What Does 'Defunding' Planned Parenthood Really Mean?

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The US House of Representatives, in its quest to "repeal and replace" the Affordable Care Act (aka Obamacare), has included in its effort a proposal to "defund" Planned Parenthood. What does this mean, and who will be affected and how?

First of all, understand that any federal funding that goes to Planned Parenthood is via Medicaid or Title X. There is no budget line that specifically grants Planned Parenthood a certain amount of money. Title X is the federal family planning program that makes grants to a variety of providers of family planning services. This includes two hospital-based clinics, free-standing clinics, 24 health departments as well as 15 Planned Parenthood affiliates. According to its website, "Title X is the only federal grant program dedicated solely to providing individuals with comprehensive family planning and related preventive health services. The Title X program is designed to provide access to contraceptive services, supplies and information to all who want and need them. By law, priority is given to persons from low- income families."

Medicaid is the joint federal/state program that "together with the Children’s Health Insurance Program, provides health coverage to over 72.5 million Americans, including children, pregnant women, parents, seniors and individuals with disabilities. Medicaid is the single largest source of health coverage in the United States."   

Thus, these programs — Title X and Medicaid — are the major public sources of government family planning funding in the United States.

How can federal money be used?

These funds are used for the provision of contraceptives, testing for sexually-transmitted diseases and treatments for them, as well as pregnancy-related checkups and care. So the only way Planned Parenthood can be "defunded" would be to eliminate Title X and Medicaid reimbursements to Planned Parenthood. This could have alarming effects on women's health care — especially those low income women who depend on such programs for reproductive care.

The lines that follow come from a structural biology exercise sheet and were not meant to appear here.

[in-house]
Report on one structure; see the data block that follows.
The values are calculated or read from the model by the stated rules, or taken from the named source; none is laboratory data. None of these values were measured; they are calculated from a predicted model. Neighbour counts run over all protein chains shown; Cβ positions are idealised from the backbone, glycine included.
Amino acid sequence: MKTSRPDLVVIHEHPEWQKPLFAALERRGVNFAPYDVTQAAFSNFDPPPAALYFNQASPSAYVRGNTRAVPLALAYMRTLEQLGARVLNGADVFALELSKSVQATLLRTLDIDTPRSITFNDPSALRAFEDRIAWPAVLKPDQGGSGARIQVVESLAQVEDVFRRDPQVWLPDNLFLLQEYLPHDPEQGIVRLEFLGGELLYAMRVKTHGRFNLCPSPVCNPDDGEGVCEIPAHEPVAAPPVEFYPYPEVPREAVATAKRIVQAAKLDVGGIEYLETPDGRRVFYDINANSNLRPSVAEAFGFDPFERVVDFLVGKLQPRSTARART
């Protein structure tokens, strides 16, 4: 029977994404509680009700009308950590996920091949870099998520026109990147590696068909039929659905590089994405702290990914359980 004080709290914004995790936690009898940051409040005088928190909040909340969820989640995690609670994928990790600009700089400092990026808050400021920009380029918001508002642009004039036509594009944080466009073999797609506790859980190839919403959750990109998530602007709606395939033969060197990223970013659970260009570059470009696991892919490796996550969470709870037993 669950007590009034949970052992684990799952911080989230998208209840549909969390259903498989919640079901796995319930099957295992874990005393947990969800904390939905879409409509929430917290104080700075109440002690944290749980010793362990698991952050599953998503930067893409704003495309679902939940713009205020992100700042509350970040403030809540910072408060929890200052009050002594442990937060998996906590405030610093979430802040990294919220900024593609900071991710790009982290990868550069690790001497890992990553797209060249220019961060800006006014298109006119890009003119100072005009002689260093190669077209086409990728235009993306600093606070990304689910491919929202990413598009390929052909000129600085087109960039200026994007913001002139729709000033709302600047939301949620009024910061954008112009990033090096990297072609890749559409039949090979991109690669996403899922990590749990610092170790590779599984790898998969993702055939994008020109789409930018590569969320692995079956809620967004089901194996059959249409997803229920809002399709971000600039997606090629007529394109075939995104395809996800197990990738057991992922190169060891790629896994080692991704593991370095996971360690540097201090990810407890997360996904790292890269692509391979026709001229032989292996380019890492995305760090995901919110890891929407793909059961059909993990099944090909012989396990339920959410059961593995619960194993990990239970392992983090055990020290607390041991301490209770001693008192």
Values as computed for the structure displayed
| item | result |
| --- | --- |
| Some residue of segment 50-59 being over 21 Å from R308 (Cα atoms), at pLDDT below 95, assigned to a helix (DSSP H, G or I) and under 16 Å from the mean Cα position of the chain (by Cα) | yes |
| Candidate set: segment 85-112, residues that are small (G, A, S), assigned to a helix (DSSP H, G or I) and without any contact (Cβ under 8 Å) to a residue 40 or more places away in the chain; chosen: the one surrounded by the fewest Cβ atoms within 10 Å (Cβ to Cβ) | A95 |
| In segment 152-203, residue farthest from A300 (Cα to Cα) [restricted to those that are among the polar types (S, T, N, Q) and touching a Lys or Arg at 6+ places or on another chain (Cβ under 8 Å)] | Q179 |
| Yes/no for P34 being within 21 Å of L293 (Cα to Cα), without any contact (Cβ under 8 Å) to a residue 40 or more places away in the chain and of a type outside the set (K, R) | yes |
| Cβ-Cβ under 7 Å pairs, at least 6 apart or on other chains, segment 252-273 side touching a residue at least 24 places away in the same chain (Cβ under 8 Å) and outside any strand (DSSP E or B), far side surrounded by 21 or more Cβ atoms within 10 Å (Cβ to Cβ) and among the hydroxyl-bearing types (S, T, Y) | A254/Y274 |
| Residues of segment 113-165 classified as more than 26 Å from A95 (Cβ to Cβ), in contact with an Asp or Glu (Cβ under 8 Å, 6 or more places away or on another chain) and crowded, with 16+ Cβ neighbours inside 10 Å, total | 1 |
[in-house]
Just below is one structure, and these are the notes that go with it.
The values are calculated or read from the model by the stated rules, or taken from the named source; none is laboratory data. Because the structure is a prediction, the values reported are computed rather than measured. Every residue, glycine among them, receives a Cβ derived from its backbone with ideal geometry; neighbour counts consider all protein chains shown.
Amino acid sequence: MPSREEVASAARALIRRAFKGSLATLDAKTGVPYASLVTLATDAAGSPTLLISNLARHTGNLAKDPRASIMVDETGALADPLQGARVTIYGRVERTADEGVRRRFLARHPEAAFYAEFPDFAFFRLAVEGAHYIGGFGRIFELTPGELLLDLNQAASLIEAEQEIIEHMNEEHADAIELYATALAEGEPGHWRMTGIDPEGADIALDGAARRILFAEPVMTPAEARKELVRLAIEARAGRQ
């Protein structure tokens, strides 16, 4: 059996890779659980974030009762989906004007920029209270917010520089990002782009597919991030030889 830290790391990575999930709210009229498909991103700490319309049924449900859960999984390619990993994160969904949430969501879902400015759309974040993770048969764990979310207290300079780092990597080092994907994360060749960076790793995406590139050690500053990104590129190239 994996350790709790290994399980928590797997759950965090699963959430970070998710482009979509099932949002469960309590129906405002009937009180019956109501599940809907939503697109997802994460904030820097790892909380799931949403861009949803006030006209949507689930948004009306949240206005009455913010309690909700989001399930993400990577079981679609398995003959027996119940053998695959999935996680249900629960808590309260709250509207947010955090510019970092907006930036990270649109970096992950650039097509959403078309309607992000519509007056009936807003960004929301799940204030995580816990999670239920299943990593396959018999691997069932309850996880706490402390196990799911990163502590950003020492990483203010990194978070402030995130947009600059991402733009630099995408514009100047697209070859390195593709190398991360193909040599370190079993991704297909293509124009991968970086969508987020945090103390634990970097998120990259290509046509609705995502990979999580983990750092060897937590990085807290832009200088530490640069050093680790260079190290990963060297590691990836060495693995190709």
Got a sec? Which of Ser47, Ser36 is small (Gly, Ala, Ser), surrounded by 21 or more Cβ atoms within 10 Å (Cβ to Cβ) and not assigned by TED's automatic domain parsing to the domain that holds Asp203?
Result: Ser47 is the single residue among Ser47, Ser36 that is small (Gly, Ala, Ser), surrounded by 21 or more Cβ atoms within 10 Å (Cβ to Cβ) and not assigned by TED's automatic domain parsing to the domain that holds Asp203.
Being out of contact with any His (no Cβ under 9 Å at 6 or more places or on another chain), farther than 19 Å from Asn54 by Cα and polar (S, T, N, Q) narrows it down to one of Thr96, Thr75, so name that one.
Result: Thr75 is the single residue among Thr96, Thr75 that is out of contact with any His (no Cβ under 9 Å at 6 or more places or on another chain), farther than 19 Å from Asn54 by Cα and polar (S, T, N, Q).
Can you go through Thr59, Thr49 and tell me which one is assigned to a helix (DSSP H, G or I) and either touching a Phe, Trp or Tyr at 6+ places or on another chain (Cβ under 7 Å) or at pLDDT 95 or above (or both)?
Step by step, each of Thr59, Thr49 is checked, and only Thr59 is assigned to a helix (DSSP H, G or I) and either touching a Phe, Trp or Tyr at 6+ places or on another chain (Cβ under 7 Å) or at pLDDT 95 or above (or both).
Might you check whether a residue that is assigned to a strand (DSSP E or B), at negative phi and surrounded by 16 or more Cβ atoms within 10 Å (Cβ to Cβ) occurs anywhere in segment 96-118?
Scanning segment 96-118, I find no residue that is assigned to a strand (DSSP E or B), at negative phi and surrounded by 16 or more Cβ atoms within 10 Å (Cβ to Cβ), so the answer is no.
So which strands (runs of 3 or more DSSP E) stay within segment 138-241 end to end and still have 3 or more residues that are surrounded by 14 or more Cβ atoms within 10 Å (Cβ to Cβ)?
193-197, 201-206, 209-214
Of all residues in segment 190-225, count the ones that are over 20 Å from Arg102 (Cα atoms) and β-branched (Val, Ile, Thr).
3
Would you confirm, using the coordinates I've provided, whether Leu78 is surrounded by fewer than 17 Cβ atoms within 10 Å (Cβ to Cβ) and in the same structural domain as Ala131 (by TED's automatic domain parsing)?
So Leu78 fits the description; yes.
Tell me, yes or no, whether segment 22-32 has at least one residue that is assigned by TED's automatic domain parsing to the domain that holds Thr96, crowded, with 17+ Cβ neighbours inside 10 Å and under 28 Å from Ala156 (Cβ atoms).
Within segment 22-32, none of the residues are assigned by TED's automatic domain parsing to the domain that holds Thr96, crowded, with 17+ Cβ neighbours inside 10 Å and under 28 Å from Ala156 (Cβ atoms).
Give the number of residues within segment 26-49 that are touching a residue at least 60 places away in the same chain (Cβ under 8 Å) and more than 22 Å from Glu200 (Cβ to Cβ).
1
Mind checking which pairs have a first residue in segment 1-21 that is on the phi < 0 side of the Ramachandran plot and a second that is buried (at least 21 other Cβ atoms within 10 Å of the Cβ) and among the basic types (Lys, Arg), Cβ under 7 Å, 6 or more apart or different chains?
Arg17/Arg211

According to the Guttmacher Institute, there are over 60 million women in the US who are between the ages of 15 and 44 — the prime childbearing years. And nearly all of these women who have been sexually active have relied on some form of contraception to prevent unwanted pregnancies. In 2014 it's estimated by the Institute that about 20 million of these women needed publicly funded contraceptive services either because their income was less than 250 percent of the Federal poverty level, or they were under 20 years old (and for reasons of confidentiality were unable to use private insurance or family resources). Such publicly funded services helped avoid nearly two million unwanted pregnancies, which if they had occurred, would likely have caused 900,000 unplanned births and 700,000 abortions.

A safety-net health center that provides contraceptive services is a site that offers contraceptive services to the general public and uses public funds, including Medicaid [and Title X], to provide free or reduced-fee services to at least some clients. Between 2000 and 2014, the number of poor and low-income women who needed publicly-funded contraceptive care rose from 16.1 to 20.2 million. However, the extent to which publicly-funded institutions met those needs declined over the same period:

Again, from the Guttmacher Institute:

"Between 2001 and 2014, the overall proportion of need met by all publicly funded providers fell by 10 percentage points, from 49% to 39%, largely because of the rising numbers of women needing publicly supported care and the fact that the number of women cared for by publicly funded providers did not keep pace with the increasing need."

Why did this decline occur? A variety of factors are likely responsible — clinic closures, decreased government budgets, more use of long-acting reversible contraceptive (e.g. the IUD and hormonal implant) may all have had an impact. But one thing is clear, reducing the number of sources that poor women can access for reproductive health care is unlikely to turn this trend around. And dis-allowing the use of Medicaid and Title X funds by Planned Parenthood and its affiliates will not be helpful in either decreasing the number of unwanted pregnancies or the number of sexually-transmitted diseases among the American population.